Saturday, April 13, 2013

Malaysia: Chromebook/cloud provision for 10 million! (not taking the tablets)

Malaysia has today announced the national adoption of Google Apps for 10
million (read that again) teachers, students and parents. Primary and secondary
schools will get Chromebooks and use cloud services. This is a massive attempt to
reform and turbo-charge a national education system through technology and I
applaud their vision.

In one stroke they’ve got a solution that solves all of those irritating
problems, fiscal, technical and pedagogic, that plagues tablet projects.
Chromebooks have quick start-up times, are robust, secure, use a cloud based
approach that makes delivery of services and content easy and provides good analytics.
At last a country that understands procurement and puts learning needs above
shiny objects. I fly there this week, so hope to report back in more detail,
but here’s a starting primer.


Chromebooks are thin, lightweight devices with physical keyboard. This
is important in terms of learning productivity, as one can type 20% faster than
touchscreen, with less errors, and do far more sophisticated work on essays,
coding, pixel accurate graphics tools etc. than tablet devices allow. (see end of post)

The advantage of a low-cost Chromebook is that it boots quickly,
connects immediately, is browser-based using the internet and cloud, rather
than difficult to manage local storage and apps. This gets both students and
teachers into productive learning quickly and life is a lot easier in terms of
delivery, tracking, assessment, data and security (virus protection is built
in). Remember that this is cloud storage, avoiding local data on the devices,
making them much easier to manage and maintain.

Cloud-based learning

Cloud-based design means access anywhere, anytime from any device and
with Google Apps, you’re not buying licenses for Microsoft and other software. Students
and teachers use Google Apps for email, calendar, documents, data, and much more. As all docs and data
are in the cloud, you don’t have to worry about storage and backups, and OS updates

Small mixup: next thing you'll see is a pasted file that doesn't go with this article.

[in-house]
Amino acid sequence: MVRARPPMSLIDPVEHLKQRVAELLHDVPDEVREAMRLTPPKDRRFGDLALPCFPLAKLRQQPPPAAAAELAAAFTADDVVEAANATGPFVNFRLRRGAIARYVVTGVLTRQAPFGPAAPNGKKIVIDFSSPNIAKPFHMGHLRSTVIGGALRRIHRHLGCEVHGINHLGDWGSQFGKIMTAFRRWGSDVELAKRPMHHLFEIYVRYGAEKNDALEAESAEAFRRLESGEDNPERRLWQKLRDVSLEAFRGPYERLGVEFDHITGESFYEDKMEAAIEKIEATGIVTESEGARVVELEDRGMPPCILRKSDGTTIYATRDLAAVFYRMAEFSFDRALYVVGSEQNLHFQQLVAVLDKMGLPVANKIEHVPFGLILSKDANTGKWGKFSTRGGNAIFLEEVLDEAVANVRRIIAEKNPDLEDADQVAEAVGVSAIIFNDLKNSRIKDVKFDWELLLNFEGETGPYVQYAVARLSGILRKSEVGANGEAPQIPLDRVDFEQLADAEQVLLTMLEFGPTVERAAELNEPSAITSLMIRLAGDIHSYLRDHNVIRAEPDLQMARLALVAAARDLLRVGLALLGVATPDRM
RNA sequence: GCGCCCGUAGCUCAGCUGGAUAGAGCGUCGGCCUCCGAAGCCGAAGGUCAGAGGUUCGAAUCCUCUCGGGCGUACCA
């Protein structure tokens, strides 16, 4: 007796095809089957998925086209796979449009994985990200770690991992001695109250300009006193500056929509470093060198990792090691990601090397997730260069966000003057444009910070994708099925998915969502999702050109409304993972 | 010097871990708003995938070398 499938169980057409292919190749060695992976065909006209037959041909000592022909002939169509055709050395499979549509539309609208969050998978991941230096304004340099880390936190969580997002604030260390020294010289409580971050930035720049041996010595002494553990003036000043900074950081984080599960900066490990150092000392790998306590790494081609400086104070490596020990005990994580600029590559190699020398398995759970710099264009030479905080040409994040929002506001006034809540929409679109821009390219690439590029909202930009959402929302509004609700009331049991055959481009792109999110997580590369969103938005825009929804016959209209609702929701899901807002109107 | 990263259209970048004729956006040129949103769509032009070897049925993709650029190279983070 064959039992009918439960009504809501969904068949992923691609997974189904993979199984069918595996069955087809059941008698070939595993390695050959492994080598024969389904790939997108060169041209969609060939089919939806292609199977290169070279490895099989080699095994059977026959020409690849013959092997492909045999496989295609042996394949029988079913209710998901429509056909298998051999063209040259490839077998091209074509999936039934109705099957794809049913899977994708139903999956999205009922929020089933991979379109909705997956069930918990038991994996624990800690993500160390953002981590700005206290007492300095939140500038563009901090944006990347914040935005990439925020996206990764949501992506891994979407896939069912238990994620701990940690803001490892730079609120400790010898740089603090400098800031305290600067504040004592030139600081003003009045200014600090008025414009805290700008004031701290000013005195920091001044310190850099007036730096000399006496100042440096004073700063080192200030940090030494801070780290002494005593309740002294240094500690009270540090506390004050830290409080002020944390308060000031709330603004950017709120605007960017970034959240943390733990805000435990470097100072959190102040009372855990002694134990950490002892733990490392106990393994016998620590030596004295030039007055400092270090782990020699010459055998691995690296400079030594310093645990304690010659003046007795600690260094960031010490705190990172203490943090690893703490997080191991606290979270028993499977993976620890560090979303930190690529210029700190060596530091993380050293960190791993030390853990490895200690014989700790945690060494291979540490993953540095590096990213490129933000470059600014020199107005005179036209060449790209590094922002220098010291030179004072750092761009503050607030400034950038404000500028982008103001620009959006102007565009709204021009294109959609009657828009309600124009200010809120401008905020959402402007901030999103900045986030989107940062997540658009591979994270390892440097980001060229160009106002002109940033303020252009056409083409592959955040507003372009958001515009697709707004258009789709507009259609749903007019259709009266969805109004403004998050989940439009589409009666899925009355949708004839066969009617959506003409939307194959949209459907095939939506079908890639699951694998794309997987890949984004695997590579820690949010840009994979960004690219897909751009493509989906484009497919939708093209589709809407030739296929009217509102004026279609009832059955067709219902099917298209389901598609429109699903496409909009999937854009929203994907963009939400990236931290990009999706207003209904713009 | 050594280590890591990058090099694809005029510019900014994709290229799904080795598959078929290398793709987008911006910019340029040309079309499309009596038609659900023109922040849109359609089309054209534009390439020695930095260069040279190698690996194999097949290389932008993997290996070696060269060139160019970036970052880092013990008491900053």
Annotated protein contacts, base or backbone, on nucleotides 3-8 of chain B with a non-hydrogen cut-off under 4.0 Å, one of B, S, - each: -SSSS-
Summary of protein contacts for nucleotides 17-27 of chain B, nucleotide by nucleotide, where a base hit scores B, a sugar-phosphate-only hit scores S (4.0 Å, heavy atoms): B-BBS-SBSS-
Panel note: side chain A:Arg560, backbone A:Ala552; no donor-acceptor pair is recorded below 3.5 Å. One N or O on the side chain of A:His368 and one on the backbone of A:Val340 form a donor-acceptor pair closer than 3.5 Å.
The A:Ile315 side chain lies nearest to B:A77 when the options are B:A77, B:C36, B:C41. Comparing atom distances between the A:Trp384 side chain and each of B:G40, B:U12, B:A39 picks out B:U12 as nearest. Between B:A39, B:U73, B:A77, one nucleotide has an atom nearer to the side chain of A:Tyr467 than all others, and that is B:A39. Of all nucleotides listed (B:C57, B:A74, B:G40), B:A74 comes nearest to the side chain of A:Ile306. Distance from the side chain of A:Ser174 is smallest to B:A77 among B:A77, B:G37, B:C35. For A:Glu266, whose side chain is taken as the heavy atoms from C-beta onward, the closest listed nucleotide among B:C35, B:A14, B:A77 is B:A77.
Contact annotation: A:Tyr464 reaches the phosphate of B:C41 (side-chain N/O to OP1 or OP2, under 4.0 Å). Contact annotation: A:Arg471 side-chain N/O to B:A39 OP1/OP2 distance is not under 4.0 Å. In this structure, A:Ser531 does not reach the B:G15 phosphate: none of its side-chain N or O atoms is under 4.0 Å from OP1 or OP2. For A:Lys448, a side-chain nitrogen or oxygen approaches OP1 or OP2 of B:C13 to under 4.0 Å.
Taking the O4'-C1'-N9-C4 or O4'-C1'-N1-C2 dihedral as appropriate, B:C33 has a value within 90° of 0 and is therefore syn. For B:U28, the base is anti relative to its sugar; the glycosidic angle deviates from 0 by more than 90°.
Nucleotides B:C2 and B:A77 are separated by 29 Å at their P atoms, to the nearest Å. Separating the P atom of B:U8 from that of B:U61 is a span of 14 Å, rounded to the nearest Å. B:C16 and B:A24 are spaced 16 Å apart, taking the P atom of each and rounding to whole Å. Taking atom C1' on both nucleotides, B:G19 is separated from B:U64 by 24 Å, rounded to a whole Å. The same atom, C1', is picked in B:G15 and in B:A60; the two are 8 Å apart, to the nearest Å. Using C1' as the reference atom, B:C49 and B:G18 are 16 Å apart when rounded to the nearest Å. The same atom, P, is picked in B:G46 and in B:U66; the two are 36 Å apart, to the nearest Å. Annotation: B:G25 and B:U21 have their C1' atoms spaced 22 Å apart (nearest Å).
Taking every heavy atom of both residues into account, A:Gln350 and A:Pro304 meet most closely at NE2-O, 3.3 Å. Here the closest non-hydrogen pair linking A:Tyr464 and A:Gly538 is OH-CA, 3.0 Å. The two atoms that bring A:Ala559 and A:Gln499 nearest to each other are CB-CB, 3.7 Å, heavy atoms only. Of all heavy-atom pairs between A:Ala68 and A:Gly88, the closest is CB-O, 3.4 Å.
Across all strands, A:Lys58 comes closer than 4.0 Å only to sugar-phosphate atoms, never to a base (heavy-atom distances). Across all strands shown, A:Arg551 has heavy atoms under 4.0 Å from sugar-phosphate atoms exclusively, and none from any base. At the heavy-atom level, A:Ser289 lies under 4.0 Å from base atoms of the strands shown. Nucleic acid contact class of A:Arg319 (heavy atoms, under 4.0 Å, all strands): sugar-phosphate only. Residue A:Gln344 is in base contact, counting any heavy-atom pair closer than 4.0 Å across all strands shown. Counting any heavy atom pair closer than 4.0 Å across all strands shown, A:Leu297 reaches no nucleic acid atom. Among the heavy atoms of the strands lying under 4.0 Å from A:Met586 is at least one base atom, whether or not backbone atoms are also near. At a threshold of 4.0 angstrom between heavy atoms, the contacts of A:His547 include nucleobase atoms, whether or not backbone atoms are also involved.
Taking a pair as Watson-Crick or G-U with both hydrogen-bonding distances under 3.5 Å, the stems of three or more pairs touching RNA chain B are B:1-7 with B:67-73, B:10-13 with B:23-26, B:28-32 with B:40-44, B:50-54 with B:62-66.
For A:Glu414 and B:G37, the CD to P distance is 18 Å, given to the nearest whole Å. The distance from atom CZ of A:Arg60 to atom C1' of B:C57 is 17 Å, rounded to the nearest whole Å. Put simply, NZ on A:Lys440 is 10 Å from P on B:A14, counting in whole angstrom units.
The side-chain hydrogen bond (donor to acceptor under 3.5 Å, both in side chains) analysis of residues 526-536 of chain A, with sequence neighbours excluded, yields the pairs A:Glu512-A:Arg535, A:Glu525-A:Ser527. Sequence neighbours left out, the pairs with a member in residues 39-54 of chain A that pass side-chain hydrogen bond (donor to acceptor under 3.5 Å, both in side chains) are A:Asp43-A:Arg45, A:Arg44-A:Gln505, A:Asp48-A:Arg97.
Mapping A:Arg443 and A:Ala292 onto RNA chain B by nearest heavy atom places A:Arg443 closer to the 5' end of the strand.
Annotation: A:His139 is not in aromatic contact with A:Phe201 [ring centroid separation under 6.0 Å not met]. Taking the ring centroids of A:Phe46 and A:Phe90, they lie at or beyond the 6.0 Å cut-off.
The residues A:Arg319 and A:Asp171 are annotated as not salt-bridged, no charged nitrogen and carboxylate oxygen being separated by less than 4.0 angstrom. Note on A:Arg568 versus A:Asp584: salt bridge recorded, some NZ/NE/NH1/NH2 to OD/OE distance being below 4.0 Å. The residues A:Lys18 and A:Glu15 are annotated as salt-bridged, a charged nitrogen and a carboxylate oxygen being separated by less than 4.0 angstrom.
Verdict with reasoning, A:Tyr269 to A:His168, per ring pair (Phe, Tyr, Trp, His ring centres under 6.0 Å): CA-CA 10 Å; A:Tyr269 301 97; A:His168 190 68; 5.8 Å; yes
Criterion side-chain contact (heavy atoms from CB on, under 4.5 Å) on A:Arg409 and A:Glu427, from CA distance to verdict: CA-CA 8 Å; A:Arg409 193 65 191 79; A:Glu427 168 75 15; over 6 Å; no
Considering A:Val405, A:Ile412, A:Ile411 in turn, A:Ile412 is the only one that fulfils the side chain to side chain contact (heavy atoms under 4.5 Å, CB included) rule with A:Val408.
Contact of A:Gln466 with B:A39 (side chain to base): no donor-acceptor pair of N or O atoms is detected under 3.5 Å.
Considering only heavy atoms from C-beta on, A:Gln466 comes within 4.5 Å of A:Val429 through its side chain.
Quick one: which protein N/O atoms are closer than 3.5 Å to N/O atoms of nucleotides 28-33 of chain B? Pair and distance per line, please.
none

happen automatically every time you switch it on. Your school does NOT need
servers! Even of a
Chromebook is lost, stolen or broken, no learning data is lost. Focus on WIFI
and you have your comms sorted (note that Chromebooks can also have 3G add-ons
for mobile network access).


IDC comparative research showed that Chromebooks would save $1135 for
each device, as they take 69% less time to deploy and 92% less time to manage.
The per-device costs come out at $7.75 per month over three years. This gives
considerable costs savings when compared to tablets, desktop PCs and laptops.
You can, of course, expect these costs to fall, making it easier to move to one
device per teacher and student.

The good thing about this research is that it really did look at productivity
in terms of real teacher and administration salary costs in relation to support
and classroom downtime. None of the woolly ‘survey-monkey’ qualitative stuff we
get from UK tablet trials.

the research showed that the devices were highly reliable and reduced expensive
teaching and administration time by 82%. This was important as there were often
zero help-desk calls and minimal calls on support across the projects. Above
all, there was no need to worry about redesign and realignment of existing
systems and no problems with losing files. All of this leads to more time on
learning and less on dealing with and fire-fighting IT issues.


The downside
is that Chromebooks do not run Windows, so if you have Windows apps, you may
think you’re in trouble. Fear not, Google provide Windows virtualisation. Internet
dependent devices need adequate and robust wifi, as the applications need to be
run online. This can be a problem if the network is interrupted or fails. Fear
not, Chromebooks cache work so that you can continue until the connection comes
back. You do, however, have to invest in wifi to match use.


advantages for teachers are that the devices start up quickly, are easy to use
and require little support allowing teachers to teach and learners to learn.  In one UK school, James Wilding explains that
they rolled out an enlightened, cloud-based solution as follows:

first - 3 months to bed down the tech and allow the teachers to adjust

Students next
– 3 months

provision – 6 months to build –up expertise, habits, processes and effect
change management

I say ‘enlightened,
as this seems like a sensible approach based on change management, not device
dumps. The excellent Ian Nairn, of c-learning. tells me of a school who have
ditched their expensive tablets for Chromebooks and the cloud.


This is big news. I
also think it is good news. A procurement based on a strong fiscal case, a real
detailed analysis of the technology and long-term support, as well as the idea
that pedagogy should be in the driving seat. Free and low cost solutions on any
device is what cloud-based learning offers. Google Search, Google Docs, Wikipedia,
Khan Academy, email, calendars, blogger – the list goes on and on. I’ll report
back from Malaysia next week.


Other posts on tablets:

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